# Why People Are Over-Reacting to the Midnight Movie Massacre (Mathematically Speaking)

For the last two years I was employed as a contractor for the Department of Homeland Security with the official title of “Risk Analyst.” Along with a team of complete and total geniuses (no hyperbole), we were tasked with investigating risks to United States citizens from terrorism, transnational crimes and natural hazards. And after putting together a detailed report outlining exactly where our nation’s dollars should be spent to get the most protection possible, it was promptly thrown out because it didn’t match up with what the bureaucrats were expecting. And the reason for that is their perception of risk, which is the same reason that people are about to over react to the recent events in Colorado . . .

Risk is a simple thing to understand mathematically, but massively complex to apply. The formula is very straightforward:

Risk = Threat x Vulnerability x Consequence

Where:

• Threat = The probability of being attacked in a specific manner
• Vulnerability = The probability of the attack being successful GIVEN that it is in the process of happening
• Consequence = The bad stuff that happens if you are attacked successfully

Naturally this is very easy to apply with things like economic losses, but when you start adding people into the equation it gets messy. We start coming across questions such as “what is the value of a human life?” Which if you’re the U.S. Government is somewhere around \$6 million, by the way. But mostly I prefer to keep dollars and lives separate in my analyses. Enough about that, back to the point at hand.

If you’re doing a straight analysis of terrorism events (and I would classify the Colorado shooting in that category), you quickly see that even based on open source information, the risk is extremely low. The actual number of initiations per year for terrorism events is classified, but we can safely assume that the majority of foiled terrorism plots are immediately paraded in front of the media.

So, MAYBE one or two legitimate initiations a year (threat). And since the news isn’t constantly filled with reports of terrorist attacks, it’s a safe bet that the vast and overwhelming majority are foiled (vulnerability). The issue is that a successful attack would be devastating (think nuke over Manhattan) (consequence).

Terrorism is what we call a “low probability, high consequence event.” It will almost never happen, but when it does, the consequences are unthinkable. But because of the low probability the actual risk from terrorist attacks is extremely low.

Let’s scale this down to a personal level from a national level.

For the individual, the biggest consequence of concern to you is the lives of you and your family. Even if you’re a sad, lonesome single man like me that goes to the movies alone, your life is your biggest concern. Whereas the government has to be concerned with a great number of lives, all you really care about is the lives of your immediate family.

There are a great number of scenarios which may result in the loss of you life. Like an airplane crash. Or a car accident. Or a house fire. Or a mass shooting. And while there may be differing levels of threat and vulnerability for these events, the upper boundary of the consequence remains the same: you could die. So while governments are also concerned about loss of life, the reality is that there is no real upper bound for death tolls for attacks but there is a definite “hard ceiling” for the death of your family.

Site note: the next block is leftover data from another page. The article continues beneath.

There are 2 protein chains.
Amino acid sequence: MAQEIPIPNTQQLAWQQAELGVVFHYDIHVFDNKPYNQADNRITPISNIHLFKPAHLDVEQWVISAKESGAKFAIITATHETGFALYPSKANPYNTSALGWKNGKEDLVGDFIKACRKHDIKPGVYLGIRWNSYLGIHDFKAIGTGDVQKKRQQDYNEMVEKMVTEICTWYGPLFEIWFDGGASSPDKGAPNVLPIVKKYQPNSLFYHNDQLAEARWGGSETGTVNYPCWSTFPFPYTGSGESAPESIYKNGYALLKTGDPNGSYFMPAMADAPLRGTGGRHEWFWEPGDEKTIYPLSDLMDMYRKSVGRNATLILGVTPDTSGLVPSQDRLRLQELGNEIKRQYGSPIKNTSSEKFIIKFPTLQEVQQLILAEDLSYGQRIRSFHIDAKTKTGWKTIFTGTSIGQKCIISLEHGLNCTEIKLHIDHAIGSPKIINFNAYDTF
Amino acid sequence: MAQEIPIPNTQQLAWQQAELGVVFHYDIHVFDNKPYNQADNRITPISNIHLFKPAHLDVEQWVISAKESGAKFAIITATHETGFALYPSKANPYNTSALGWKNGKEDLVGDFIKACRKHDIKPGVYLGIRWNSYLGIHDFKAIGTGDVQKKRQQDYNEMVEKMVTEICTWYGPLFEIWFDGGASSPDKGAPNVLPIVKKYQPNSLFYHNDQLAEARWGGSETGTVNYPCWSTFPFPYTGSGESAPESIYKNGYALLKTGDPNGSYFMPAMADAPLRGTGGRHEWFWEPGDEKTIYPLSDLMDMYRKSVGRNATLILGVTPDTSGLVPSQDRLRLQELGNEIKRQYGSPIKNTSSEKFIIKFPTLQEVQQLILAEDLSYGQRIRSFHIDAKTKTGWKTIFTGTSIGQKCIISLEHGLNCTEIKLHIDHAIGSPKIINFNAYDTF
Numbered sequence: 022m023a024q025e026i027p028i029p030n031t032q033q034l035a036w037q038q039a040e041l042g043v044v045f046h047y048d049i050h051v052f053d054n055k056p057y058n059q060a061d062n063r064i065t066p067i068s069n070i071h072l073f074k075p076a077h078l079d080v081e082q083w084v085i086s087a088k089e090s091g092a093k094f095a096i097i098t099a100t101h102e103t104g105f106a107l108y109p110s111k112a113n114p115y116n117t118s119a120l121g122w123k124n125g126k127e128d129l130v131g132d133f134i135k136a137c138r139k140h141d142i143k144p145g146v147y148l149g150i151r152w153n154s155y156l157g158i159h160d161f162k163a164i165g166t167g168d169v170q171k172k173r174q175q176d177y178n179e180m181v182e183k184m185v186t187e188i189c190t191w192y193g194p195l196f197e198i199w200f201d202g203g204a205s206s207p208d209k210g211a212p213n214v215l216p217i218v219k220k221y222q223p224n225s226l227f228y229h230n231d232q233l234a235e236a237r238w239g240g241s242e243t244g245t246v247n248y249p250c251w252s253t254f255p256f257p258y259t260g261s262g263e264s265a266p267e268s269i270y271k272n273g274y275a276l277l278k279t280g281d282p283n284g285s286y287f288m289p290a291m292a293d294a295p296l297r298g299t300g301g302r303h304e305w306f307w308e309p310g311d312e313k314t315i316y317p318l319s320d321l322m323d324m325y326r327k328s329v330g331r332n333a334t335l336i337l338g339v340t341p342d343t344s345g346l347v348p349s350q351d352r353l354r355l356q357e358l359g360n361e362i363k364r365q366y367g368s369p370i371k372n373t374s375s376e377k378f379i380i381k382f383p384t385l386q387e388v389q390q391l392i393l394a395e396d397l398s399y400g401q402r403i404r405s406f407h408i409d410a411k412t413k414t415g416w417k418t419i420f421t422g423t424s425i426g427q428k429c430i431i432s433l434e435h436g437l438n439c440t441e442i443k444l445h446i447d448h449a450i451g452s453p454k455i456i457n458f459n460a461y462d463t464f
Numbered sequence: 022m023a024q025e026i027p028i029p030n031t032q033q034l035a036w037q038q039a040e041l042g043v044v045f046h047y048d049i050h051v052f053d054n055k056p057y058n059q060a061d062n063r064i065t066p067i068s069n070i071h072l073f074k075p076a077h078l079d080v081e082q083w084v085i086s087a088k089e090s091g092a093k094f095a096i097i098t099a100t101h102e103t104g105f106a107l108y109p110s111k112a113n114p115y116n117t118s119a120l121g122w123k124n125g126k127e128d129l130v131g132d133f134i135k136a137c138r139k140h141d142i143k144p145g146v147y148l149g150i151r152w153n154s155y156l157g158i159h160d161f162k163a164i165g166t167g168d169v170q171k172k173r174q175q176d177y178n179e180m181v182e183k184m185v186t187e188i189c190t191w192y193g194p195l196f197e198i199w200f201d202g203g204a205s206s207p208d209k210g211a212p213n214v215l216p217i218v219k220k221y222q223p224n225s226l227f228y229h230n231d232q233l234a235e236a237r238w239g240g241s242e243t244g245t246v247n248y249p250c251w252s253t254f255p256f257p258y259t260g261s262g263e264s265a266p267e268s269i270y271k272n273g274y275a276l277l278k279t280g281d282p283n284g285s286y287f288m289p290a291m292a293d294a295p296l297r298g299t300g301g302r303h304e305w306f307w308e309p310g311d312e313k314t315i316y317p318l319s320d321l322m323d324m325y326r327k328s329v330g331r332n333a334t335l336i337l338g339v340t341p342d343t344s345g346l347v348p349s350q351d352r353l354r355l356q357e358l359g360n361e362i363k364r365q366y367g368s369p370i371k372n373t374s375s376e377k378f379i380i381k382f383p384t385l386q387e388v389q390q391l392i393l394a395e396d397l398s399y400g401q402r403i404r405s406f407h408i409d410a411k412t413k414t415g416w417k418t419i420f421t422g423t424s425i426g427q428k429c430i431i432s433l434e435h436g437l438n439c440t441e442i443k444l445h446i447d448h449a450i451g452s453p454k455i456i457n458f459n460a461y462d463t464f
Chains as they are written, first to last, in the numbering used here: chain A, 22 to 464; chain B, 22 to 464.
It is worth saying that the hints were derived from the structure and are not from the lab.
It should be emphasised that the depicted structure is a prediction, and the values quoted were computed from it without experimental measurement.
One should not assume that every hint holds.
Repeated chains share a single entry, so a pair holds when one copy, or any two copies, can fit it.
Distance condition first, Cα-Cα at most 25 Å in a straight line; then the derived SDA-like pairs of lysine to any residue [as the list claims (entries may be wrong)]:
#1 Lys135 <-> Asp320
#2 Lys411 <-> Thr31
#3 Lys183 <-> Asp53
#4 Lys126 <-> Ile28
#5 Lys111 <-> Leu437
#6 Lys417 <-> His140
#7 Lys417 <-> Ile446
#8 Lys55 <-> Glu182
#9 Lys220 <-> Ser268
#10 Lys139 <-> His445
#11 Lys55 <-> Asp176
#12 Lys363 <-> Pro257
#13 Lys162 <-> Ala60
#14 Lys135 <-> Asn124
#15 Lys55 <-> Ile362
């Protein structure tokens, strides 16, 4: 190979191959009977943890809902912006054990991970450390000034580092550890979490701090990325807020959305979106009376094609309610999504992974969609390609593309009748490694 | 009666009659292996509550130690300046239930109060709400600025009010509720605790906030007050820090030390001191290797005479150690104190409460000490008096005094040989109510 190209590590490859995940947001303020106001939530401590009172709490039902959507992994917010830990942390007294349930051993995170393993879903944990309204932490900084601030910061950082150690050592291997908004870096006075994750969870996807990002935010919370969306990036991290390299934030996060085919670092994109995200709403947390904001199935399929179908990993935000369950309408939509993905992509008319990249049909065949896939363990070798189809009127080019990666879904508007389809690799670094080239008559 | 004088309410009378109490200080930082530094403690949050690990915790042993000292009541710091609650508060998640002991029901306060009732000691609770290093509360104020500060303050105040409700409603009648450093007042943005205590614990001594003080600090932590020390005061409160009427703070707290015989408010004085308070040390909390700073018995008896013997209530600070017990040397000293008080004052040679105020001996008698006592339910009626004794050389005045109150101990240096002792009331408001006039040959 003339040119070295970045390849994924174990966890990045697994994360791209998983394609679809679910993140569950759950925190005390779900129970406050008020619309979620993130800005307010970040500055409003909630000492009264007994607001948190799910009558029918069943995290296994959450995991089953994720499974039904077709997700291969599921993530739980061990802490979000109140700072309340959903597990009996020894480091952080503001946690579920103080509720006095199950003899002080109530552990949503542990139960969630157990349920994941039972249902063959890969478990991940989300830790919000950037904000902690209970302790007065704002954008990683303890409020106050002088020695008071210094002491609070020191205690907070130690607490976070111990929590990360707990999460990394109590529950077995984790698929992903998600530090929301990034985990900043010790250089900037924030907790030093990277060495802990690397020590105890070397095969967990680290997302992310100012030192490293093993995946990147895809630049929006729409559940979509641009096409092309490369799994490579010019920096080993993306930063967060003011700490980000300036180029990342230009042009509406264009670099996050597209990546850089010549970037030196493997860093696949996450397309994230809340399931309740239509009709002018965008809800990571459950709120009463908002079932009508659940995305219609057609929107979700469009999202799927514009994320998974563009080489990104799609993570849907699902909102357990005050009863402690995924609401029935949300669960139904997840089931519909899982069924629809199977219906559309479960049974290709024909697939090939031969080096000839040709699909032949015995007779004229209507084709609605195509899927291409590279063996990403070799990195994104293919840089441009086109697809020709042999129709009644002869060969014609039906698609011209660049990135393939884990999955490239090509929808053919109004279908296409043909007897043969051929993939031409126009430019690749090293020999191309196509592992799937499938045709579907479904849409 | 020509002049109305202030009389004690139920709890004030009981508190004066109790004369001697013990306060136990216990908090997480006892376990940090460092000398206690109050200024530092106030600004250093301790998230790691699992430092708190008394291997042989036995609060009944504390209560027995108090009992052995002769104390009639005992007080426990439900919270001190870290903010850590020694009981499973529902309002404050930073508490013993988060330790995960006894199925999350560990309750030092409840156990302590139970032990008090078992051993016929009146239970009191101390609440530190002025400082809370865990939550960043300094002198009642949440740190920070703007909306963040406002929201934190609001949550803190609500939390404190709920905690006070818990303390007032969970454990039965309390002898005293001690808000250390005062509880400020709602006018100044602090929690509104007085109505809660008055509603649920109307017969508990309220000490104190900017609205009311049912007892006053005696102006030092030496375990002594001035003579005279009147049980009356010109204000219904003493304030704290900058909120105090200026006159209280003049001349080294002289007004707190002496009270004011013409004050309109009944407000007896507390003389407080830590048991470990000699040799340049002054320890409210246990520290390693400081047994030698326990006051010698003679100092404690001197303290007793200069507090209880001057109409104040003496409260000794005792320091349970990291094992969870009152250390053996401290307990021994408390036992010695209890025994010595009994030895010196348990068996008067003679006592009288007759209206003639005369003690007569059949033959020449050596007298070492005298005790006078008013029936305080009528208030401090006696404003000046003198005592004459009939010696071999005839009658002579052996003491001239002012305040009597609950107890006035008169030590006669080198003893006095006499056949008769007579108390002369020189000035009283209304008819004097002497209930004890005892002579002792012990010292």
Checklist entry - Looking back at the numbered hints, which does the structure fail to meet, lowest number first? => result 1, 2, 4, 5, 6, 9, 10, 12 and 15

Which means that when assessing the risk to you and yours, the only logical approach is that the probability of the event happening dictates how concerned you are about that particular scenario, since the consequence side of the equation is constantly pegged at the top of the scale. You should be looking for high probability scenarios first and worrying about those in order of probability.

But it’s not, and people don’t.

While the eventual outcome is the same, what really drives people’s level of concern over a particular scenario is how novel and terrifying the experience prior to the death (not that you’d remember it). People are used to the idea of dying in a terrible car accident or burning to death in a house fire, but mass shootings are typically a more concerning scenario and therefore perceived as a higher risk despite the facts at hand.

For example, for the United States:

100 people PER DAY die in car accidents (source).

2,640 people PER YEAR die from house fires (source).

167 people died from mass shootings… in the last DECADE (source).

From a straight analytic standpoint, there’s no reason to be concerned about mass shootings. None whatsoever. The probability that you will be involved is so small that my calculator switches to scientific notation when I try to compute it.

But people will still be concerned.

It’s human nature to place a higher value on a scary death than a normal death. So while the final result is the same (your untimely demise) the difference in how you get there is the differentiating factor. What we’re dealing with is an emotional reaction to a situation rather than a logical reaction and that’s something that people don’t understand and don’t want to face.

The primary reason that people are finding this scary is that they don’t have control over that situation. People fear plane accidents more than car accidents because they’re not the ones in control of the aircraft. Its the same for other “random” events like terrorism and mass shootings. We’re perfectly happy driving ourselves of a cliff to a gruesome death, but when our lives are in someone else’s hands we begin to fear that situation.